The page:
For present purposes, it must be assumed that all of the above barriers to withdrawal can be overcome and that a departing Member State has negotiated satisfactory terms for its withdrawal from the euro zone. What would be the implications for financial or payment obligations? We shall use as an example a Dutch guilder denominated bond, with the Netherlands being the Member State withdrawing from EMU. It should be emphasised that this example is used purely in order to illustrate the points about to be made - it is not thought to represent a likely scenario!
What, then, are the consequences for a bond or other obligation expressed in Dutch guilders where (i) the Netherlands pulls out of EMU and (ii) the bond or obligation falls due for payment after the effective date of the Dutch withdrawal?
The essential question would be - is the bond required to be repaid in euro, or would the obligations under it be satisfied by a payment in the new Dutch currency at the rate prescribed by the new Dutch currency law? The difficulties involved in answering this question are compounded by the fact that the euro continues to exist as the lawful currency of the remaining participant States and is thus available as a medium for payment, notwithstanding the “exit” of the Netherlands from the euro zone. In general terms, it is suggested that the following rules should be applied:
- if the bond (i) was expressed in Dutch guilders (i.e. it was originally issued before 1 January 1999), (ii) was stated to be payable solely within the Netherlands (i.e. there are no “external” paying agents) and (iii) was issued by a Dutch entity, then it must follow that the bond was clearly intended to be issued within the Dutch domestic markets and thus denominated in the lawful currency of the Netherlands. It ought to follow that the obligation is to be met in the new Dutch currency. This is because States generally recognise the right of other States to regulate their own domestic currencies, and matters relevant to such a currency are therefore referred to the laws of the issuing State (the “lex monetae” principle)13. In such a case, the English courts would generally adopt the exchange rate (euro - new Dutch currency) prescribed by the new Dutch monetary law14. The international obligation of the United Kingdom to recognise the Dutch monetary law15 is reinforced by the fact that the United Kingdom would be party to any international agreement amending the Maastricht Treaty, and the English courts will generally endeavour to act in a manner consistent with this country's treaty obligations;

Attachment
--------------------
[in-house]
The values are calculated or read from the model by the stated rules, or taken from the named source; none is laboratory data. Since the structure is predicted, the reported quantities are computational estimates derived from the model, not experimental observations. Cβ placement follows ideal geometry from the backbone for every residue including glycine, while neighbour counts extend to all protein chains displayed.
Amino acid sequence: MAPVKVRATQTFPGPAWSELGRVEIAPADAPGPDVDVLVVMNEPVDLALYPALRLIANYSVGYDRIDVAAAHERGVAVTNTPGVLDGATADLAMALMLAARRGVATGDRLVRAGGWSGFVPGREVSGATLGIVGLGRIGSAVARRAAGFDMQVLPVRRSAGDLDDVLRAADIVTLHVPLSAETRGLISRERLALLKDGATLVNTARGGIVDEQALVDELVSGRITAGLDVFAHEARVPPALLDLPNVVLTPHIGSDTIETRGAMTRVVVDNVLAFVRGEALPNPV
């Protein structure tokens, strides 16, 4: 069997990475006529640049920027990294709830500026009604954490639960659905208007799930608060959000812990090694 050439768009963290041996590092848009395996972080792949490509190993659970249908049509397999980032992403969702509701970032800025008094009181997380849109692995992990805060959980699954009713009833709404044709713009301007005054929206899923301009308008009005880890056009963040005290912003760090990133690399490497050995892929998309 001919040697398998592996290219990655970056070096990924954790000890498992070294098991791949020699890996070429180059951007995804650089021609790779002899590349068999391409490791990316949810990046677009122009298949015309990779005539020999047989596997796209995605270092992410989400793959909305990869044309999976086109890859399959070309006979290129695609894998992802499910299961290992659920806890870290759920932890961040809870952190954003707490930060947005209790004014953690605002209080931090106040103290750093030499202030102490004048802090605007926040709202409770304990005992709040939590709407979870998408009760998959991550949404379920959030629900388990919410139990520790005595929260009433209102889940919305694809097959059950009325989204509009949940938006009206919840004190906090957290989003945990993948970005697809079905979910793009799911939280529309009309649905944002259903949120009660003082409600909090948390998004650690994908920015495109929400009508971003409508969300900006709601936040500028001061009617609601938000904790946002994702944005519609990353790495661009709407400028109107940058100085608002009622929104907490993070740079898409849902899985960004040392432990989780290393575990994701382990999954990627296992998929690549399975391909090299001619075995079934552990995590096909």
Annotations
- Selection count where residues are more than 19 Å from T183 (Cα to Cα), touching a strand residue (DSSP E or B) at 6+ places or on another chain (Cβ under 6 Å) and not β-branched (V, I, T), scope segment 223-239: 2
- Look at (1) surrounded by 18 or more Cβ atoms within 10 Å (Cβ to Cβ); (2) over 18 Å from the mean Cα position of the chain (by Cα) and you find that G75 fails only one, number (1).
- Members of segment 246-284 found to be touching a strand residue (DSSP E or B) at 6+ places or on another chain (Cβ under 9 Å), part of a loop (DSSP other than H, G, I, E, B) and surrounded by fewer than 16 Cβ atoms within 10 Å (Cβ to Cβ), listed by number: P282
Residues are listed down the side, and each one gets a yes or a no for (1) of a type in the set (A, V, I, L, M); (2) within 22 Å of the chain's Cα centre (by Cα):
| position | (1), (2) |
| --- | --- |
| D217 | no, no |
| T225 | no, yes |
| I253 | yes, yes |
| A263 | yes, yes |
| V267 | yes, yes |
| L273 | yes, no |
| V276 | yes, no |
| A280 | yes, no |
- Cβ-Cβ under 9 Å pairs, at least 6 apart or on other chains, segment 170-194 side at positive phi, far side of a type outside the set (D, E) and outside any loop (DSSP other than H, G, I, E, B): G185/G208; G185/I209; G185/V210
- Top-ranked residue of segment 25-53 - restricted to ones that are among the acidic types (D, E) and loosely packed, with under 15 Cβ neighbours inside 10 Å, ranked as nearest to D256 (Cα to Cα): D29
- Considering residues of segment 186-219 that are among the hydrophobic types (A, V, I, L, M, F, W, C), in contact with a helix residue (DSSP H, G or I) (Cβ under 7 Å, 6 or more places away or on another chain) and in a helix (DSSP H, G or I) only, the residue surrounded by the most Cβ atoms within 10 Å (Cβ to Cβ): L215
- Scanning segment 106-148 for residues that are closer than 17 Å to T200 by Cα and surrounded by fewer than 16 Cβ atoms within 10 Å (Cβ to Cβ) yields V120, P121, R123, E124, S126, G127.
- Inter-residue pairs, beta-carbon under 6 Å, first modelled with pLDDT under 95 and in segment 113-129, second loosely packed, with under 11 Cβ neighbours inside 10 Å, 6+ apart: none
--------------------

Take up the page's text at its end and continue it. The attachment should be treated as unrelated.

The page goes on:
- if the bond was issued after 1 January 1999, then it will be expressed in euro and there will be no direct, contractual link to the former Dutch national currency. But if the debt is payable within the Netherlands, then it is suggested that debtor can discharge the obligation either (i) by payment in euro, since the obligation is expressed in that currency or (ii) by payment in the new Dutch currency, because the law of the place of payment may be taken into account in determining the means or method of payment16. In the latter case, the appropriate rate of exchange between the euro and the new Dutch currency would be governed by the law applicable to the instrument or obligation in question - the courts would not necessarily adopt the exchange rate prescribed by the new Dutch monetary law17;
- if the bond was issued after 1 January 1999 but is expressed to be payable in euro outside the Netherlands, then it seems that the alteration in the Dutch currency should be irrelevant. Performance of the obligation in euro in the stipulated place of performance is entirely possible, because the euro remains the currency of the other, EMU-participant States. This rule would continue to apply even if the issuer were a Dutch-incorporated entity;
- the change in Dutch currency should not have the effect of terminating or frustrating the obligation, at least if the contract or instrument in question is governed by English law18;
- where a contract is converted from the euro to a “new” national currency, clauses stipulating for a floating rate of interest will be deemed to refer to an appropriate price source for the new currency19.
Whatever the financial position and political implications may be, it seems clear that an EMU withdrawal by a Member State would create a number of difficult legal issues, but these difficulties should be capable of resolution against the background of a renegotiation of the Maastricht Treaty.